INTERVIEW: Aidan Carroll



Aidan Carroll


THE superb Aidan Carroll has been telling me…


about his forthcoming album, The Other Side. It is released on 14th September and, ahead of its release, I discover the themes that inspired the record. Carroll discusses his musical past and why his parents were an influence; a few albums that are especially important to him – he recommends some artists to watch out for.

I ask the songwriter how he got into Jazz and whether he has a favourite memory from his career to date; if we might see the American come to the U.K. soon; what he would tell artists coming through in the industry right now – he ends the interview with a great track.


Hi, Aidan. How are you? How has your week been?

Greetings. I’m having a good week! Thank you for asking. Mostly, working on new music; my album release and prepping to play a show with my friend/artist Rush Davis who’s performing at an Amy Winehouse tribute here at the Los Angeles (Soho House) on Friday. Last week was a bit of a mercury retrograde vibe, so I’m happy to be moving out of that.

For those new to your music; can you introduce yourself, please?

My name is Aidan and I’m a chameleon of sorts. I’ve been lucky to play bass for various cool people and travel the world playing Jazz, Rock, R&B…you name it. I find myself in a new life-phase working as a producer and writer working with like-minded artists. I currently am producing and writing my own music which falls somewhere in the experimental Soul/R&B/Jazz-infused landscape.

The Other Side is your upcoming album. What sort of themes and ideas inspired the songs?

Transformation, change; discovery, exploration and rebirth. The album is about finding new sides of myself as a person and musician and learning how to express those vulnerabilities through sound. This being my first project as a singer and songwriter, I find I write from a fairly personal place. There are some universal themes here as well such ‘love’ and ‘self-acceptance’ to name a couple.

The album is also dedicated to my father who passed away three years ago so his spirit is an important element to the project. On top of all that, there is a certain freedom I found in not following conventional forms so that kind of open exploration is a consistent theme throughout.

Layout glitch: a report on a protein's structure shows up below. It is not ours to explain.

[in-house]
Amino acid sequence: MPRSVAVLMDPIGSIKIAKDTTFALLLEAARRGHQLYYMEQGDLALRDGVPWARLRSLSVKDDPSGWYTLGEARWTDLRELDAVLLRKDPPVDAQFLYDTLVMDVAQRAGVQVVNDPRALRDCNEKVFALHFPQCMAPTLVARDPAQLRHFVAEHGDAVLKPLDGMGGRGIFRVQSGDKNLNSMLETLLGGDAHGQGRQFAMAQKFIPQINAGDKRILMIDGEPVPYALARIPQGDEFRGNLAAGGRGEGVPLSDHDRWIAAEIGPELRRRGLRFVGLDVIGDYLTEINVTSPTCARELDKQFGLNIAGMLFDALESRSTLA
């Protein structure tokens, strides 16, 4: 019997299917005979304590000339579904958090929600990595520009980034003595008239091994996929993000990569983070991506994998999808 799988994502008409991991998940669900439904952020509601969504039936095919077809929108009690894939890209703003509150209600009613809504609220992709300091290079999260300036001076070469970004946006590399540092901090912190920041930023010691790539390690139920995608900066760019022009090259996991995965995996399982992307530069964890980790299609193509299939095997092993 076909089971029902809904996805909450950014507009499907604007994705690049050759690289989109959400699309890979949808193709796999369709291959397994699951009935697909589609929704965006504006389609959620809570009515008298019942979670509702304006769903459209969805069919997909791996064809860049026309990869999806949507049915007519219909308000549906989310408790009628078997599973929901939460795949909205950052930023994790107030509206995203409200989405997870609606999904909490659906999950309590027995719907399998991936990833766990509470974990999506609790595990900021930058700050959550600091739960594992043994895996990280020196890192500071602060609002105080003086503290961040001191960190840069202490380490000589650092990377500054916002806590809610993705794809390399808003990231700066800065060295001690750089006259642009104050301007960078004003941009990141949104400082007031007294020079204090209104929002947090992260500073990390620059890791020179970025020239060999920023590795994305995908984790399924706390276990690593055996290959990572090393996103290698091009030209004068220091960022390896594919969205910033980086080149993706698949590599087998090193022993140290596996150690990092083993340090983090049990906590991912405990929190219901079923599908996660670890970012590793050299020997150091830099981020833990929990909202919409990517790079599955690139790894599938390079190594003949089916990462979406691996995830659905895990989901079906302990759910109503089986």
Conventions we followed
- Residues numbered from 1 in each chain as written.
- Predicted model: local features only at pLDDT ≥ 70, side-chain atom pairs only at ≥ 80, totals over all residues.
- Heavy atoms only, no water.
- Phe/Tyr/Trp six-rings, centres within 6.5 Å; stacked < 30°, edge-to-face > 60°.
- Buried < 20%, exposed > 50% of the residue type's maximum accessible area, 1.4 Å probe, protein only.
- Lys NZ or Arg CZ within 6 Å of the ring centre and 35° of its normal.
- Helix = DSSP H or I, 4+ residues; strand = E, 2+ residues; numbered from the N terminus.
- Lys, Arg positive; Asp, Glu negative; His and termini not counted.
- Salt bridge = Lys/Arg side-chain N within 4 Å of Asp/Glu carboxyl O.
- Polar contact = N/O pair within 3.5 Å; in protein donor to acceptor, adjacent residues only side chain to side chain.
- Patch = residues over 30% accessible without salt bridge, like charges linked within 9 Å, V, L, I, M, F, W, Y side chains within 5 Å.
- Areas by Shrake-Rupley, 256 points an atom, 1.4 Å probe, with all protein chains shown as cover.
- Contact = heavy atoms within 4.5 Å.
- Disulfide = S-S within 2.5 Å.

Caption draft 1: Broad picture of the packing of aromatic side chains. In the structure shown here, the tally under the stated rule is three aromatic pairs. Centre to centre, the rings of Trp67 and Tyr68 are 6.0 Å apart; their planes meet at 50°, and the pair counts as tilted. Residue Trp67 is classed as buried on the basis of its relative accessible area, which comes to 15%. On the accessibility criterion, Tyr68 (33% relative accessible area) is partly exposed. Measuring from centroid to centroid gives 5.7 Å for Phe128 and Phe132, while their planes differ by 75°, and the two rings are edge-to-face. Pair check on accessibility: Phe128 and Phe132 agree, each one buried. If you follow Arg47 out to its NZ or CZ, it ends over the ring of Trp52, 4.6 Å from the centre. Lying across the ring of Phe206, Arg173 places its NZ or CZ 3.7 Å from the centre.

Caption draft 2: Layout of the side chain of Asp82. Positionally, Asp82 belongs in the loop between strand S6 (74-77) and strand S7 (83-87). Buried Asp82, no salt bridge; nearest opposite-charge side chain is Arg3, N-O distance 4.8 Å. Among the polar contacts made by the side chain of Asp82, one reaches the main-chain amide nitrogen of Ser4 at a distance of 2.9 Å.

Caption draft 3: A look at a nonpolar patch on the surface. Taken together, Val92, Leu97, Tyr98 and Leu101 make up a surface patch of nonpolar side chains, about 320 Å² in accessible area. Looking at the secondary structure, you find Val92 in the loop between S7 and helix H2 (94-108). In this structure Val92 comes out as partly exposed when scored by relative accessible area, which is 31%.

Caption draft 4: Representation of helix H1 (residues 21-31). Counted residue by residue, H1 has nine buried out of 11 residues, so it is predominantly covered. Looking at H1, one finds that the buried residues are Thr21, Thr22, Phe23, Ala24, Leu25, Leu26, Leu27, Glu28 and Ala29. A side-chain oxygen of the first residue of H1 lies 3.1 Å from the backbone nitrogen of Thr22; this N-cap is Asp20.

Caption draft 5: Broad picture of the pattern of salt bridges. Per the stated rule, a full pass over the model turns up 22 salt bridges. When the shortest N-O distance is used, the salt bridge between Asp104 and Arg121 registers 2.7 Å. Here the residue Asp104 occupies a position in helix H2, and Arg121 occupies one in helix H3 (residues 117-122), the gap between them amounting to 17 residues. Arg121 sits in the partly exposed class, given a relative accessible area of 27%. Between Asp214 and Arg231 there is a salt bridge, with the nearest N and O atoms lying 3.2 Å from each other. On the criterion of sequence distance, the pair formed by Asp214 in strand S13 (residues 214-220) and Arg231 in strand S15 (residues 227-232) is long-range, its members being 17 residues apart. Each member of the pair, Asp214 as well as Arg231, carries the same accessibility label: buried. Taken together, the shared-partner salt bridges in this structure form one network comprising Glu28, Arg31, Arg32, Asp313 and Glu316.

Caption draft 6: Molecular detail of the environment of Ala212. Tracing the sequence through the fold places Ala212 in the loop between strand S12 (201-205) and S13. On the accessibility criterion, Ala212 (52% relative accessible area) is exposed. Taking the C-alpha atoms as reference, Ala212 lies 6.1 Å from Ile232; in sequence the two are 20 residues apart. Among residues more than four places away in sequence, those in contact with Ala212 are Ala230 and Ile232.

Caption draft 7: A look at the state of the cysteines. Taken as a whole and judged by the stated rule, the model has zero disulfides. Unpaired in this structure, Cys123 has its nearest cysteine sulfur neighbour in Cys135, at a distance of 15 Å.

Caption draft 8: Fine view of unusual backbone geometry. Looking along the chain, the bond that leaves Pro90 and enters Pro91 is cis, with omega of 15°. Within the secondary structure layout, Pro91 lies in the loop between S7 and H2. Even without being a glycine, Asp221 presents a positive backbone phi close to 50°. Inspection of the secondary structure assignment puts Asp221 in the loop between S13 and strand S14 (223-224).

Is there a song from the album you are particularly drawn to?

Hard to pick one but, for now, I’m gonna go with Another Step which was written for my father. The vocal performance was quite tender and stripped down - I realized after recording it. I like the chords too.

You are a classically trained Jazz musician. How did you get into Jazz?

Honestly; Jazz just felt like a logical step for me in my music progression as a kid in high-school. I got into it from Classic Rock to Progressive Rock to '70s Fusion and then from there went backwards and started studying the classics. The very first time I heard it though was when my dad got Thelonious Monk’s album, Straight, No Chaser, as a gift from a friend. That and Pat Metheny’s album, Question and Answer - I really wore those out. Jazz is an immense music and truly a lifelong study. I feel grateful for having spent so much time in that world; it really keeps you humble as a musician.


When did music come into your life? Which artists did you follow when you were young?

I was surrounded by music being that my mother was a Classical pianist and professor and my dad a self-taught guitarist and singer. But, I do have a distinct memory from around eight-years-old when I had a vision sort of wash over me and I just knew then that I would play music for the rest of my life. That was it.

Artists I was drawn to when I was young include The Band, Bob Dylan; Robert Johnson, Jimmy Hendrix and a little later loads of grunge like Stone Temple Pilots, Soundgarden; Black Sabbath and finally, at the end of high-school, I got into some Hip-Hop like The Roots, Bone Thugs-n-Harmony and Nas to name a few.


What do you hope to achieve by the end of 2018?